Dateline: Kuala Lumpur, Malaysia
Left your trip to the Land of Smiles wishing you could stay there fulltime? Excited by the multitude of condominium offerings along Sukhumvit but then disappointed when their allotments for foreigners were sold out?
Even though I’ve made it clear that I’m not a fan of Thailand for many reasons, not the least of which is the government bureaucracy and political instability in the country, Thailand is incredibly popular with expats and we’re often asked about the residency and citizenship possibilities in the country.
There are several reasons that a Thai passport would (and wouldn’t) make sense for you.
What you need to understand first:
Becoming a citizen of Thailand is a lengthy and difficult process.
Before even applying for citizenship, you need to be a permanent resident of Thailand for 5 years living there continuously, (which includes 3 years of owning a business in Thailand or working for a Thai company).
Secondly, you need to be fluent in Thai and be able to prove it by passing a series of oral and written examinations.
Finally, before going to this effort, you should examine the reasons why you might want Thai citizenship to begin with.
Foreigners in Thailand are allowed to invest in real estate and can own condominium units on a freehold basis, in their own name.
While being a citizen will afford you more opportunities, from buying land to not being limited in the types of property you can buy, it is still very possible to invest in real estate here.
Foreigners are also able to start businesses in Thailand. You can start a business in Thailand as a foreigner, but the business has to be 51% Thai owned and at least 75% of its employees need to be Thai. Even though these requirements are in place, there are ways to structure your company so that you don’t lose profits or control of your company.
With these opportunities available along with the relatively low value and hassle of attaining a Thai passport, we reached out to our confidant, Reid Kirchenbauer, CEO of InvestAsian, who is on the ground in Thailand, for his opinions on why someone would be interested in attaining one.
Why you might be interested in a Thai passport:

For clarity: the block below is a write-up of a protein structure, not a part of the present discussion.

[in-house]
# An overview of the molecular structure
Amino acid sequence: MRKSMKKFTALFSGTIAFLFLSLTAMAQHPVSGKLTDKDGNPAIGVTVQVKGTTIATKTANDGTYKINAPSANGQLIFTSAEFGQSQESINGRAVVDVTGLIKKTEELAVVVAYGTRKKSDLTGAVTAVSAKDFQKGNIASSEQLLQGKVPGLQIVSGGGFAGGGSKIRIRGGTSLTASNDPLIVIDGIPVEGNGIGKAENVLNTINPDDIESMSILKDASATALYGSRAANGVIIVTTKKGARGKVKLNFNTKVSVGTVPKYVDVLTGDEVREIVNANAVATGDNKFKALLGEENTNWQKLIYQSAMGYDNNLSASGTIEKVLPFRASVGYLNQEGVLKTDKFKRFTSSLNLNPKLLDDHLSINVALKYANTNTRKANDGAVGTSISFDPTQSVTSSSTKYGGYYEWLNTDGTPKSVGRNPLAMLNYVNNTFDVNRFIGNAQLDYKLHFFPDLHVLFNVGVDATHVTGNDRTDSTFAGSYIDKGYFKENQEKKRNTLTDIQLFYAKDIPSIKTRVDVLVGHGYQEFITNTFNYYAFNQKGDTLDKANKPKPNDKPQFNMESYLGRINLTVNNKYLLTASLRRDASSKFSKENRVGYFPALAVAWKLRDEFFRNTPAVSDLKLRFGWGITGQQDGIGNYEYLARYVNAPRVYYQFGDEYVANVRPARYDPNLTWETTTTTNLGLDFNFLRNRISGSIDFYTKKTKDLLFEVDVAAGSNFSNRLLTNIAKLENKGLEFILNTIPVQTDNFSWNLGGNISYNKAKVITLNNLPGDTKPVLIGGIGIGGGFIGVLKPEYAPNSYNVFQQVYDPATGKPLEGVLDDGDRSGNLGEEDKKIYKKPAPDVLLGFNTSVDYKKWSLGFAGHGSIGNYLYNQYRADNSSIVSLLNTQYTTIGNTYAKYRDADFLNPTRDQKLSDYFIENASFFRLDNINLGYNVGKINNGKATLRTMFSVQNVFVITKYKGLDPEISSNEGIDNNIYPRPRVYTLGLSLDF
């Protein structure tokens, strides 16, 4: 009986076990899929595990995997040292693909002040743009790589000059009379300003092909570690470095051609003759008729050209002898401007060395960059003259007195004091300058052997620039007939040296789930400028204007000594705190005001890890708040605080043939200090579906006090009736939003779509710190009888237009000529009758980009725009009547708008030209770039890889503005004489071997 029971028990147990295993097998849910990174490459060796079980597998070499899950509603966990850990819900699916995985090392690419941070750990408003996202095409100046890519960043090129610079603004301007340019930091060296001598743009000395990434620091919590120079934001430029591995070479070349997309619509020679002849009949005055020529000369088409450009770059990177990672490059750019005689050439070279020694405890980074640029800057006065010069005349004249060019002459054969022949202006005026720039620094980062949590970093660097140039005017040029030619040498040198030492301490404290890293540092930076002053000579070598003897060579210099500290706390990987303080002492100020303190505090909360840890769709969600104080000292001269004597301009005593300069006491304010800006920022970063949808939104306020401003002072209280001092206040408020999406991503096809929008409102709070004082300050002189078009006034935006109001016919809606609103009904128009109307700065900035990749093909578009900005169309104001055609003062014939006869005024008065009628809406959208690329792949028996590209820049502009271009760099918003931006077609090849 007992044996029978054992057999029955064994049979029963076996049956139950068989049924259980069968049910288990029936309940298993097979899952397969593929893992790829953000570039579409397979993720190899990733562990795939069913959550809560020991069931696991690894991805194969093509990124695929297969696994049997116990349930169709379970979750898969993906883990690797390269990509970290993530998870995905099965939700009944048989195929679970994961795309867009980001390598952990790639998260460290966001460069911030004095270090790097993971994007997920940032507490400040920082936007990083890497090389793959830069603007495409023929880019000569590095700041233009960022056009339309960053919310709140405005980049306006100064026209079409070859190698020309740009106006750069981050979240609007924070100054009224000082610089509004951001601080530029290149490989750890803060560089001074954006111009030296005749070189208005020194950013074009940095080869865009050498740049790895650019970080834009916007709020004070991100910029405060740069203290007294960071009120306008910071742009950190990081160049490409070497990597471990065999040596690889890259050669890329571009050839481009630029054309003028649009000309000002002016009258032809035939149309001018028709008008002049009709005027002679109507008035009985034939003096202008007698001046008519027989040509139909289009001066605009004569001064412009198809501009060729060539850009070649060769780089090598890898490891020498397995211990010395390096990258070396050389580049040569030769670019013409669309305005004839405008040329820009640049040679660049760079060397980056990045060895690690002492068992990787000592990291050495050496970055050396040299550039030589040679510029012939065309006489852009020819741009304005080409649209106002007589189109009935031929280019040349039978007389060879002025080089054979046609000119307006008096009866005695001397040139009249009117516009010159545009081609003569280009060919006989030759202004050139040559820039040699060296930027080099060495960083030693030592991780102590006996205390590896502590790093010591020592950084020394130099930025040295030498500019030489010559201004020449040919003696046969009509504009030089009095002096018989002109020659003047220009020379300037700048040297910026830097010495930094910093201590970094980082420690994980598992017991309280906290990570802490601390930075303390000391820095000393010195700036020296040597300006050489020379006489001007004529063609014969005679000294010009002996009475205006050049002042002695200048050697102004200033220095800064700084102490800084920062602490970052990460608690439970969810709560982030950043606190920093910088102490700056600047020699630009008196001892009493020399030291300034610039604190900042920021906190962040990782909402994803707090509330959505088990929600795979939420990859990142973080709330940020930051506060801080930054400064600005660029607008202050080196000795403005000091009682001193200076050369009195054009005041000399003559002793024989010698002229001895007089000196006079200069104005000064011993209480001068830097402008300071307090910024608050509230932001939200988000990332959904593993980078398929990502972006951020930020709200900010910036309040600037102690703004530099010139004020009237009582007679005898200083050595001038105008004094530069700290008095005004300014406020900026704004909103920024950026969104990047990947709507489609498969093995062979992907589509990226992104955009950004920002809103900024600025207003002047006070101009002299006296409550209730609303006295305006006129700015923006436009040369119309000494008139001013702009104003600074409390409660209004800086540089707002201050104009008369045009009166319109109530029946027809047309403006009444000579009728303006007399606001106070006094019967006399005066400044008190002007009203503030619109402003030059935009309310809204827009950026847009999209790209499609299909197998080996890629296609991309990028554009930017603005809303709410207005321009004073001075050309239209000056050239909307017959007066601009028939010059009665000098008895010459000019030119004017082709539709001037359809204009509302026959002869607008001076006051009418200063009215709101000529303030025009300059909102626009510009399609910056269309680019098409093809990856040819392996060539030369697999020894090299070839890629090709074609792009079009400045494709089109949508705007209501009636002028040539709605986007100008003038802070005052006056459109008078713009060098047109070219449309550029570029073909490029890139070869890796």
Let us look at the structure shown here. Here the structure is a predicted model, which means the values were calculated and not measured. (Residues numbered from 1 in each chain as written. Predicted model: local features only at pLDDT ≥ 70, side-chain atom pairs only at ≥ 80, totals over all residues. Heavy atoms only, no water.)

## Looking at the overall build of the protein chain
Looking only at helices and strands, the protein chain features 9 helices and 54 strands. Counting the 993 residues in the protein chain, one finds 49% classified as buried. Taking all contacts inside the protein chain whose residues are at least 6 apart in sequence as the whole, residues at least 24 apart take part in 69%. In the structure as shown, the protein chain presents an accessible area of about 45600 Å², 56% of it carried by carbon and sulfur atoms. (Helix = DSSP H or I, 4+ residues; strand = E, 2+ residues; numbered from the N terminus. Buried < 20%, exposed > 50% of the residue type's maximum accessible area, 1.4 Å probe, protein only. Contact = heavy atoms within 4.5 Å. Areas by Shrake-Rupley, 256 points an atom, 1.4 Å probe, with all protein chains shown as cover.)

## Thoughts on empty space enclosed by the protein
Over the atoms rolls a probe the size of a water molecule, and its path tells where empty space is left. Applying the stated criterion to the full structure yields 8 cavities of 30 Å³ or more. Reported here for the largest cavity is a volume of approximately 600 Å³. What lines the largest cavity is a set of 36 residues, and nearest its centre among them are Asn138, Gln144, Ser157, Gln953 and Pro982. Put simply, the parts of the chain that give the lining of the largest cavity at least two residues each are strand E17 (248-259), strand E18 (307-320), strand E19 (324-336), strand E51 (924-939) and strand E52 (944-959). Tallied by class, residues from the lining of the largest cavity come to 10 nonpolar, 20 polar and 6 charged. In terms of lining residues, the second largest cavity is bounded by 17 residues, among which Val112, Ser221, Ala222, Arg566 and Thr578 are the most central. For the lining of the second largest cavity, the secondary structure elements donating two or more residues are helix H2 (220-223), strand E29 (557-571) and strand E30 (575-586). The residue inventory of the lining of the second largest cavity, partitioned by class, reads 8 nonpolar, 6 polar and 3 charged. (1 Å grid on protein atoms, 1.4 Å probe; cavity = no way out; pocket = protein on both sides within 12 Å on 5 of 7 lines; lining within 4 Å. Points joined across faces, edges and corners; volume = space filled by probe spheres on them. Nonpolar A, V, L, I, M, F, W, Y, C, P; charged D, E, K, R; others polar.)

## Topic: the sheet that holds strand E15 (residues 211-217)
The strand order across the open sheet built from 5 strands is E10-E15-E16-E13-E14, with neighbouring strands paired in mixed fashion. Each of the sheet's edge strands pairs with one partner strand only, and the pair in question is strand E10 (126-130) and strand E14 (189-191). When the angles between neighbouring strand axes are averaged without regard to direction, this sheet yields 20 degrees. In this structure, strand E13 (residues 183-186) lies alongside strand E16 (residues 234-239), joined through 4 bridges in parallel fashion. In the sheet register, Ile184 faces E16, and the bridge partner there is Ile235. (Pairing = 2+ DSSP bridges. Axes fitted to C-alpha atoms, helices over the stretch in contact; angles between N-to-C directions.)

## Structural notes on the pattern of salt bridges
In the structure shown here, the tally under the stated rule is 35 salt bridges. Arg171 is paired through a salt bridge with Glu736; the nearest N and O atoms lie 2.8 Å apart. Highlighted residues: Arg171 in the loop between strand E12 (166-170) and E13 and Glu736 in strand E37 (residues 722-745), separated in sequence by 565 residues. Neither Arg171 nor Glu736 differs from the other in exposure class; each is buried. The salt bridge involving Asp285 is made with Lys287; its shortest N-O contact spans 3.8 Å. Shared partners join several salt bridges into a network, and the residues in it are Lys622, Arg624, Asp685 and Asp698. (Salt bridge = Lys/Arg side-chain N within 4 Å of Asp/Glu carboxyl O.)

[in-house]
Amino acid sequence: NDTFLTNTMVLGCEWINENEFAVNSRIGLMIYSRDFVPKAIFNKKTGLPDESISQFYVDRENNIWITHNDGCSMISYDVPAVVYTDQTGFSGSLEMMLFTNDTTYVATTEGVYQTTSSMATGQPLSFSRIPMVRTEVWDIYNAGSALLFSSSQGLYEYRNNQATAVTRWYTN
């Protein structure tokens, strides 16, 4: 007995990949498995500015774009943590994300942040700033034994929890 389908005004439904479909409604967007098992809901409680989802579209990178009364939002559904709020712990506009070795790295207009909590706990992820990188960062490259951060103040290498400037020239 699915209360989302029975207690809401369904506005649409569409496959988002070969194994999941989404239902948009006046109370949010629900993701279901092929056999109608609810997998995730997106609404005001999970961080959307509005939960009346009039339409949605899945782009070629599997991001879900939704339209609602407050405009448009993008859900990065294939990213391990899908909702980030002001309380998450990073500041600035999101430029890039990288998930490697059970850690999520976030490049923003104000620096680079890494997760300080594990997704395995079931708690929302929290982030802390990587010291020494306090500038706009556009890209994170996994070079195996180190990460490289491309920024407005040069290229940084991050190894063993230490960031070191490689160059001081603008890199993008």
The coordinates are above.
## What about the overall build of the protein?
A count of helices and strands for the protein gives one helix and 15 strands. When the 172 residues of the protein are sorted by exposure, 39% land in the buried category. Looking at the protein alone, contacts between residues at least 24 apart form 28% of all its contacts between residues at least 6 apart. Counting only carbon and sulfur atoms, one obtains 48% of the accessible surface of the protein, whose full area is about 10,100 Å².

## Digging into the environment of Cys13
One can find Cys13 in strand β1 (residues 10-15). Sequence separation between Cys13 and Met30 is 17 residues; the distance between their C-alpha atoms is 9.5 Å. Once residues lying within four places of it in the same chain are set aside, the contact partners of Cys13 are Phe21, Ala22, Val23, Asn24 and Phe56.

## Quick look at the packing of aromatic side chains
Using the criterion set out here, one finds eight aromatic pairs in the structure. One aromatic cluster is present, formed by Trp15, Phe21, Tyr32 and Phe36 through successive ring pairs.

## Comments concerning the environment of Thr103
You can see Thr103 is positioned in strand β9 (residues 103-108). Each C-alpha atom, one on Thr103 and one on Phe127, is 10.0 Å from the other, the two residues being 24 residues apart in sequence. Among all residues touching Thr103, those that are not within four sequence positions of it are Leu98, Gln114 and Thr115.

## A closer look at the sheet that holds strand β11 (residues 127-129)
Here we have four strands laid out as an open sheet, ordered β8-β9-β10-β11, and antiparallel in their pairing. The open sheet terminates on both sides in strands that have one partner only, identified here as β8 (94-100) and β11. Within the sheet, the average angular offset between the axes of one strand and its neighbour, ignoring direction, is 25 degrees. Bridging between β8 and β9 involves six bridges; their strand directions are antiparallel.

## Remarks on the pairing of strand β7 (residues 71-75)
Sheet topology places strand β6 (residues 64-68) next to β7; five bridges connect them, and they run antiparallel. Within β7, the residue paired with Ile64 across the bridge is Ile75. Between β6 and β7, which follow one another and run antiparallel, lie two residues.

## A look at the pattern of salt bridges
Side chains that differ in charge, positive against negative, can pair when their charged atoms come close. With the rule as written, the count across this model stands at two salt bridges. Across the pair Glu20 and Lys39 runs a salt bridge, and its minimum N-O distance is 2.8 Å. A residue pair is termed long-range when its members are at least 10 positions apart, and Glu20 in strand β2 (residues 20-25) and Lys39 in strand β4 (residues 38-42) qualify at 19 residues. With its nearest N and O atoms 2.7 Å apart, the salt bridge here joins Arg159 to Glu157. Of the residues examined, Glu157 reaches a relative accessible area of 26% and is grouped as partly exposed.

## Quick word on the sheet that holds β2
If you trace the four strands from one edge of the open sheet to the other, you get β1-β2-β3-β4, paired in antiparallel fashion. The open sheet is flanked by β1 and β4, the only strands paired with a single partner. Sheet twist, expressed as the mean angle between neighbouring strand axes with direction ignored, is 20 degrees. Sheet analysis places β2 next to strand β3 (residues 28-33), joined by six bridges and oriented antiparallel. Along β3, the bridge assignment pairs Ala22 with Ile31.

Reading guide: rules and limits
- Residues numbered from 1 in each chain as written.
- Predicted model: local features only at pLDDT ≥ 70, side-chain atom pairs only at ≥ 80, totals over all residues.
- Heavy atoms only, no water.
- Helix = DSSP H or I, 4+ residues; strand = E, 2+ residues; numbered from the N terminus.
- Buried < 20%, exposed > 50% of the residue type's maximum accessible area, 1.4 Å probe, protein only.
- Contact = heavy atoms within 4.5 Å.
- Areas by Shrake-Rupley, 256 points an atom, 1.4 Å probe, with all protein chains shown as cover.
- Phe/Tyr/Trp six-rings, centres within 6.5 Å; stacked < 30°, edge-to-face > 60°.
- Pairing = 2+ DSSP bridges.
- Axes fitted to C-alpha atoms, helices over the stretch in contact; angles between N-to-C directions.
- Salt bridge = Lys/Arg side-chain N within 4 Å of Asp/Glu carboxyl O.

Now there are a few specific reasons for you to pursue a Thai passport.
If you’ve decided that Thailand is the place that you want to live out your years, dual citizenship with your home country is possible and Thailand won’t ask you to give up your previous citizenship.
Secondly, A Thai passport is relatively useful as it does allow visa-free access to all of Southeast Asia (including Vietnam and Myanmar), and developed countries such as Japan and South Korea. As of yet, Thai passports do not allow visa-free access to EU countries, but Reid believes that this will be coming soon.
Perhaps most importantly for some, Thai citizenship allows you to own land in Thailand – which is incredibly cheap in some areas, even for beachfront property.
Finally, while up till now many expats living in Thailand have survived on visa runs or other workarounds to stay in the country long term, there’s a good chance that such ease of skirting the law could change with increasing political unrest causing tightened controls.
What about a permanent residency?
Along with the right to live in Thailand, a permanent residency lets you buy a condominium in Thailand without bringing in money from overseas, which effectively lets you mortgage.
To even get a permanent residency in Thailand, you need to either invest a substantial sum (3-10 million Baht) or prove that you need to be in the country for business or employment reasons.
Why it might be better to look at other options:
Even if you absolutely love Thailand, investing five years of your life into an opportunity that is not a sure thing is a risk that I would not be willing to take.
For one thing, there are actually hassles that having a Thai passport could cause you. Women holding Thai passports are routinely detained at international airports, and similar to Cambodian passports, which we’ve previously written about, so too will be anyone who doesn’t have obvious Thai heritage.
The tax benefits that are associated with opening a business or banking in second countries are not as attractive in Thailand, with the country’s 20% corporate tax rate, although Thailand does not tax you on what you earn offshore.
While Asia is a land of opportunity in many ways, when it comes to second passports I generally avoid the continent altogether when there are much better options available in Europe and Latin America.
Thailand only allows visa-free travel to 63 countries, while the typical European or South American country will allow for 100-165 or more.
Many of the countries that we recommend do not require you to live and be employed by a company within their borders.
Almost all of them offer a cheaper, quicker, and much more powerful passport than Thailand does.
And at the end of the day, you can still enjoy most of what Thailand has to offer without a passport.
If you’re a person who is interested in being freed from the borders of one country, diversifying your investments and protecting for your family’s future, there are many options to choose from in selecting the right passport for you. When making a decision for these reasons, Thailand sadly is not a country that I would consider.
If you need help obtaining second citizenship quickly and want to get the process started, you can learn more – as well as apply for my team to help you – on our second passport page.